COVID-19 to have 'profound' mental health fallout
Paris (AFP) - The coronavirus pandemic is likely to have a "profound and pervasive impact" on global mental health as billions struggle to cope with isolated living and anxiety spikes, experts warned Thursday.
In a paper published in Lancet Psychiatry, a panel of 24 specialists call for more funding for research into the impacts COVID-19 may have on society's mental well-being.
Two accompanying surveys of the British public showed that most people questioned had experienced heightened anxiety and fear of becoming mentally unwell since the pandemic struck.
"We are all dealing with unprecedented uncertainty and major changes to the way we live our lives as a result of coronavirus," said lead author Emily Holmes from Uppsala University's department of psychology.
"Our surveys show these changes are already having a considerable impact on our mental health."
The authors called for real-time monitoring of anxiety, depression, self-harm and suicide across the world, as well as the creation of treatment programmes that can be accessed remotely.
"This needs to be on a bigger scale than we have ever seen previously, and must be coordinated, targeted and comprehensive," said Matthew Hotopf, from King's College London's Institute of Psychiatry, Psychology and Neuroscience.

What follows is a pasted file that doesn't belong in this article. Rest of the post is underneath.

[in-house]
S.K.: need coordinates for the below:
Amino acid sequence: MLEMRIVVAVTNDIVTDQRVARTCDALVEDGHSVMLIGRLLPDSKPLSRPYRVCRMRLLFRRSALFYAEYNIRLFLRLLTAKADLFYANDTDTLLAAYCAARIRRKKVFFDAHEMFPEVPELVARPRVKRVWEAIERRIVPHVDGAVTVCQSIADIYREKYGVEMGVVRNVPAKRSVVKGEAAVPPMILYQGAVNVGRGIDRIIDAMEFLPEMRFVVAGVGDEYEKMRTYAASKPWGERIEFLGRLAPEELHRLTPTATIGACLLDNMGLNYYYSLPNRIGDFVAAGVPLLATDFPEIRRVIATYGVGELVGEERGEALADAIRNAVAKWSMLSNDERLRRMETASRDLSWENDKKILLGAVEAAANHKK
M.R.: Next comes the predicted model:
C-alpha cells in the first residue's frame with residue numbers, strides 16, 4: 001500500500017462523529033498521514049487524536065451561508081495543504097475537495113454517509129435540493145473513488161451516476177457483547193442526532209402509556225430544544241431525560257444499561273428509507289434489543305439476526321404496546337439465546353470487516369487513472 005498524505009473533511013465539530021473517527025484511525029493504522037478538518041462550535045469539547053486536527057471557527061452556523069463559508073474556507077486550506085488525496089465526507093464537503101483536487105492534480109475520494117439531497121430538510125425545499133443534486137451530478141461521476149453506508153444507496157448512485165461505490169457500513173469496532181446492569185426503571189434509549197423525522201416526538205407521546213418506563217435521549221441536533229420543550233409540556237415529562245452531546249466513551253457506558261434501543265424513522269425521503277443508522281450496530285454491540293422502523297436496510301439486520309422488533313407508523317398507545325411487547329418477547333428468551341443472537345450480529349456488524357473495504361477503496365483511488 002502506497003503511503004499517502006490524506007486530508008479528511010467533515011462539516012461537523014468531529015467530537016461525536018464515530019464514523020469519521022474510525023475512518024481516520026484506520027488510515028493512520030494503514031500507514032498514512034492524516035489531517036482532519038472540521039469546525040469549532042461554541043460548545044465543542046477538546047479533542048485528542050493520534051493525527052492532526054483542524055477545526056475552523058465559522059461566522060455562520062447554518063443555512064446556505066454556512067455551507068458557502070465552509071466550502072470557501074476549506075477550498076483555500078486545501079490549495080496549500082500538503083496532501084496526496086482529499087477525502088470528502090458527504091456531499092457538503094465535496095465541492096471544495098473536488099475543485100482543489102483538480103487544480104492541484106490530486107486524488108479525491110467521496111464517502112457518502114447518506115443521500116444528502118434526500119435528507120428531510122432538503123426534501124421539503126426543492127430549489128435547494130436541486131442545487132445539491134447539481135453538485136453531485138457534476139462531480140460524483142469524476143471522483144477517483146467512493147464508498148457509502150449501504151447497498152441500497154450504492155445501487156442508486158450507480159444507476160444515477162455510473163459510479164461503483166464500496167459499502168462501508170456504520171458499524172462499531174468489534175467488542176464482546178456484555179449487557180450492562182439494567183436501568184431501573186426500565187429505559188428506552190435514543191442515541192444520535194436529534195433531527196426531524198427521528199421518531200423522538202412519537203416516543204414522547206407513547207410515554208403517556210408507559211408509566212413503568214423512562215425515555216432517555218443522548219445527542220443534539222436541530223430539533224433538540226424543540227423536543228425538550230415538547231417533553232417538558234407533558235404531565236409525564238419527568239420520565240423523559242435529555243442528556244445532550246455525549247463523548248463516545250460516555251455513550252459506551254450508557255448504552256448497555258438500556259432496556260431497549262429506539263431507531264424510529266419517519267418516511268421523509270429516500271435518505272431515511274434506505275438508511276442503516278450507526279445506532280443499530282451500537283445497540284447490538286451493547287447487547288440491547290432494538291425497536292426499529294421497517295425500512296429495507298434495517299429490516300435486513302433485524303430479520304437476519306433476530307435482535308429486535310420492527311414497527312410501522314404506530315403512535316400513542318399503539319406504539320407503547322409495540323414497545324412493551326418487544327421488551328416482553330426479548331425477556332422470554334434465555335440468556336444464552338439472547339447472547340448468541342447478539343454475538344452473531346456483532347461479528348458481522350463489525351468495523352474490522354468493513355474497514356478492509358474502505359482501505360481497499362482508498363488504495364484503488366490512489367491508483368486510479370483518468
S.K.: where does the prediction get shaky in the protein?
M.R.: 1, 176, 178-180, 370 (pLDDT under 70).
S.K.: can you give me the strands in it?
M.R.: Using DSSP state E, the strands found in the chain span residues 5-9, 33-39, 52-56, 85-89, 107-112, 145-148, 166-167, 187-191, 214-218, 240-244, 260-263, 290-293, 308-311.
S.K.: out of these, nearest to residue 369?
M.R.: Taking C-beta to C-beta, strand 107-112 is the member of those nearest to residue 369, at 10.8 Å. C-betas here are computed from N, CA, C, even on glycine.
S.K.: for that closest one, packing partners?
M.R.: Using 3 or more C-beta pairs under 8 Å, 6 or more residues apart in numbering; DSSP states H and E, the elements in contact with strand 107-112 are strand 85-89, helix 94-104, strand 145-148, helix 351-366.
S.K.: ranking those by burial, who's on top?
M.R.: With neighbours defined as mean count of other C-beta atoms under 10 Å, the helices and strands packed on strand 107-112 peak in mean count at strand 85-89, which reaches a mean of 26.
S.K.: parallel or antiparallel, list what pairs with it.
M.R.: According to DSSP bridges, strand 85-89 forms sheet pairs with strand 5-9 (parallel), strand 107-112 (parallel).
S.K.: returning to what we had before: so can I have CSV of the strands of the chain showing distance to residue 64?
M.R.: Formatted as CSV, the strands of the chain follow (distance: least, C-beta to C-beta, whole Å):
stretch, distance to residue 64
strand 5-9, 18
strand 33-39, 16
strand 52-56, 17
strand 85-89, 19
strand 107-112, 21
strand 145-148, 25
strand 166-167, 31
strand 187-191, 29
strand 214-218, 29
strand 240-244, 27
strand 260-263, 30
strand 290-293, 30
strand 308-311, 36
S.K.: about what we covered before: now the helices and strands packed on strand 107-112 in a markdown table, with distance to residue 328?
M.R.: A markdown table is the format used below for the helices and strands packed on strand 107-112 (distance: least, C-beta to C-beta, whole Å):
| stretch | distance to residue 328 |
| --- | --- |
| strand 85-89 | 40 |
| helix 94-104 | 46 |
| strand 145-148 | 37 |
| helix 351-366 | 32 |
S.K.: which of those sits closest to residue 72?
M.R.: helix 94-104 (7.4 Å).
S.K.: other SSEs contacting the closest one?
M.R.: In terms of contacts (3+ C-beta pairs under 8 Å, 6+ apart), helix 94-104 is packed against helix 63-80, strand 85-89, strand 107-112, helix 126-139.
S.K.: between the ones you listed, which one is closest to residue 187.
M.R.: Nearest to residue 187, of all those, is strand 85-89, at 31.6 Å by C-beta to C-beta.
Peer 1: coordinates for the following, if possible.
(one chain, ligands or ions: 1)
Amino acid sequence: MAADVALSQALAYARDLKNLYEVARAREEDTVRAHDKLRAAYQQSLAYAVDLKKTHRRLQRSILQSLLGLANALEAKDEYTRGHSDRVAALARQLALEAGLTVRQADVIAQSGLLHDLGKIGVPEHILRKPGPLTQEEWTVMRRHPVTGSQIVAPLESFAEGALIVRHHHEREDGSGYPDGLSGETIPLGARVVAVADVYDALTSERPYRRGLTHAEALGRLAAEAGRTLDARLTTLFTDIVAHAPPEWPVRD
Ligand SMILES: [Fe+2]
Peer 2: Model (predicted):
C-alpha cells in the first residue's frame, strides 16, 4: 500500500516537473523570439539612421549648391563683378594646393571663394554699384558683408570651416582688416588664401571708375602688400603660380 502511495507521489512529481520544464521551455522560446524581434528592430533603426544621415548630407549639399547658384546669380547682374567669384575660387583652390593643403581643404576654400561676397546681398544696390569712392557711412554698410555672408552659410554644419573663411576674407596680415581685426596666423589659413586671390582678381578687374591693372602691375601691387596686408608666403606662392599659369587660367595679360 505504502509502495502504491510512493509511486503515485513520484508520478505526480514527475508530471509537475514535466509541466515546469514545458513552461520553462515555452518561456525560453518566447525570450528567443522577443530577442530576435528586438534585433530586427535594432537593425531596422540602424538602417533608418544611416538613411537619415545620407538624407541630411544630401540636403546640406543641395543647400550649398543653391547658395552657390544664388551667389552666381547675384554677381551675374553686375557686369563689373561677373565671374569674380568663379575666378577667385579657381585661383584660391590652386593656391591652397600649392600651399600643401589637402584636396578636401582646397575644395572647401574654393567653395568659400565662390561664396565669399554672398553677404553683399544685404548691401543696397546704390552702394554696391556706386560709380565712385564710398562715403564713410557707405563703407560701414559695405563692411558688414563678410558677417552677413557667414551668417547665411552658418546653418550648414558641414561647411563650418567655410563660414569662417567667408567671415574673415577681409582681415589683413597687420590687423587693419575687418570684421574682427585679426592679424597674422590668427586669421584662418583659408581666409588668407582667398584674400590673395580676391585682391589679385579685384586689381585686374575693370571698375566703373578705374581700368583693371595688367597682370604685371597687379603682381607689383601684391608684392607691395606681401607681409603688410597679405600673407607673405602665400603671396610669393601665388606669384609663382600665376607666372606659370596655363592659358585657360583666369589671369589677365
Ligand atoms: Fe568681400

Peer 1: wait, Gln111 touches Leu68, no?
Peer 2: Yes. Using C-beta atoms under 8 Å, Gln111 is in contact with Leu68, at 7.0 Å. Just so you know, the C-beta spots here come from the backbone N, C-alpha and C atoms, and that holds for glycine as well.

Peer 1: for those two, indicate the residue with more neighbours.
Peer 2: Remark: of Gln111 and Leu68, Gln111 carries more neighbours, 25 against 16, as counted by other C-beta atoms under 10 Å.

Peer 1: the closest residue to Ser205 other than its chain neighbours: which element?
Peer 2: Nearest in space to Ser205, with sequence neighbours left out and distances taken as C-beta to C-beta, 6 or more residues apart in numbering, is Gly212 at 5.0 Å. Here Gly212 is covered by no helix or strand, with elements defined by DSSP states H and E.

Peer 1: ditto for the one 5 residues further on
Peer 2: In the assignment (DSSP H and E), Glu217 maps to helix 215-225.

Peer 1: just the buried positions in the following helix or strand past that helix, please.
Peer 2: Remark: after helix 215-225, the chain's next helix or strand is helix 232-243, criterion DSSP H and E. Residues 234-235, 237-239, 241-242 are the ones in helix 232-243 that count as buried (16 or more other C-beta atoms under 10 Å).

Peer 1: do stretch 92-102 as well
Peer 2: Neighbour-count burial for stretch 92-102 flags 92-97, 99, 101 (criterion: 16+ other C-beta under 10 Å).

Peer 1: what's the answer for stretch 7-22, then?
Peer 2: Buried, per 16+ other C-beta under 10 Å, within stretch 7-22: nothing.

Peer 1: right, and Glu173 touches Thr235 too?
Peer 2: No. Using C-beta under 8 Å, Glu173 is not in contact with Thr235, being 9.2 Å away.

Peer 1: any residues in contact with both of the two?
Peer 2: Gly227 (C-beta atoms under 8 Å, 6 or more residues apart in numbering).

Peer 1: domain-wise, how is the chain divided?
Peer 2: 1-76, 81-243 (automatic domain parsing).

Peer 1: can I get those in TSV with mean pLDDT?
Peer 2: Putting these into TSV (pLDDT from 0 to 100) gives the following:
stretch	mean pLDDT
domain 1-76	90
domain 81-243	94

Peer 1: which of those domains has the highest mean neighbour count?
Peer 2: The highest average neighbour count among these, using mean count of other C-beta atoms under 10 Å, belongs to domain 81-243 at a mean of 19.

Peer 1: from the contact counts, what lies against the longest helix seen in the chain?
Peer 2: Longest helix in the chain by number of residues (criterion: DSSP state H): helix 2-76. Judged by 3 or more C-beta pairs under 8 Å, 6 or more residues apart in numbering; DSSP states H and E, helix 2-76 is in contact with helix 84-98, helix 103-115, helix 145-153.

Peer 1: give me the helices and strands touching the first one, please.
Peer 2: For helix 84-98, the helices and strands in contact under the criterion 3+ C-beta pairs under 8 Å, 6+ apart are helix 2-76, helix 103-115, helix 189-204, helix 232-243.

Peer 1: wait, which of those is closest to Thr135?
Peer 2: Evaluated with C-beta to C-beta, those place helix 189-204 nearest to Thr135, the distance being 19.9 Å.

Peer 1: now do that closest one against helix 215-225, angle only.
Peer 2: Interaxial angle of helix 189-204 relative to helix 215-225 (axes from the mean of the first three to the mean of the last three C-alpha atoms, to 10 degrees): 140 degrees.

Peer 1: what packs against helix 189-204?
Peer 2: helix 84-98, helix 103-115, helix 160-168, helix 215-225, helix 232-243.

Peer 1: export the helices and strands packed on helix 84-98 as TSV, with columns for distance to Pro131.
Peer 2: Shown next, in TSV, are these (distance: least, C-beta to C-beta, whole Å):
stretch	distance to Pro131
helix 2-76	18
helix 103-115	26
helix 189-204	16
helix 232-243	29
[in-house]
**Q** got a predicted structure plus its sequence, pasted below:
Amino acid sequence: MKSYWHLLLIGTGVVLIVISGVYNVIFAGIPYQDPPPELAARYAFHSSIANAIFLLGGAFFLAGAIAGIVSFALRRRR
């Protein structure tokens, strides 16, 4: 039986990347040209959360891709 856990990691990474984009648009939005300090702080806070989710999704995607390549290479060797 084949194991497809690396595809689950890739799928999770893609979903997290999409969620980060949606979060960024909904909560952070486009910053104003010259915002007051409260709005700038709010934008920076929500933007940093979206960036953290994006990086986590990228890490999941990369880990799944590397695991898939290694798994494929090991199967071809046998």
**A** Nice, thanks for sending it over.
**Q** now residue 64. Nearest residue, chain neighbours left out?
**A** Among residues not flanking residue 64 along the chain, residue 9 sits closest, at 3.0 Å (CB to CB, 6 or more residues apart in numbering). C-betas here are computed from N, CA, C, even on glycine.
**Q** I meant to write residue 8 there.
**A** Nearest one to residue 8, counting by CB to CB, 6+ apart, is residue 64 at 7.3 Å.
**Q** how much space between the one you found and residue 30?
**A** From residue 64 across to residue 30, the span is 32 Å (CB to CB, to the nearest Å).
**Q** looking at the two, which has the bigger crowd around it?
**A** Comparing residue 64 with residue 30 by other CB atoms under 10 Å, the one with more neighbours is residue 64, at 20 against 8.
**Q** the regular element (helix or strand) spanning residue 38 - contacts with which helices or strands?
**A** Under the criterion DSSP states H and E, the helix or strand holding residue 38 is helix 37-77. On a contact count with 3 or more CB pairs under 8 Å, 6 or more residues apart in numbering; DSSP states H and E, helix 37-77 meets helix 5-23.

"Above all, we want to stress that all new interventions must be informed by top notch research to make sure they work."
Studies into the mental health impact of previous disease outbreaks, such as the SARS epidemic in the early 2000s, showed a clear increase in suicide rates and the number of health care workers who experience emotional distress.
But the impact of the COVID-19 epidemic is unprecedented, with billions of people forced to isolate at home and no end in sight even after social distancing measures are eased.
'Perfect mental health storm'
The surveys, conducted among more than 3,000 people in Britain, showed a wide range of fears arising from the pandemic.
These include increased anxiety, the effects of social isolation, the fear of becoming mentally unwell and accessing care if needed.
The experts cautioned that these symptoms were likely to continue well in to the future, even after the current round of lockdowns are eased.
The authors called for government funding to establish specialised working groups comprised of people with experience of mental health impacts to ensure research and treatment are prioritised.
"Increased social isolation, loneliness, health anxiety, stress and an economic downturn are a perfect storm to harm people's mental health and wellbeing," said Rory O'Connor, professor of Health Psychology at the University of Glasgow.
He said that a lack of intervention risked an explosion of mental health conditions such as anxiety and depression, as well as a rise in alcohol and drug addiction.
"The scale of this problem is too serious to ignore, both in terms of every human life that may be affected, and in terms of the wider impact on society."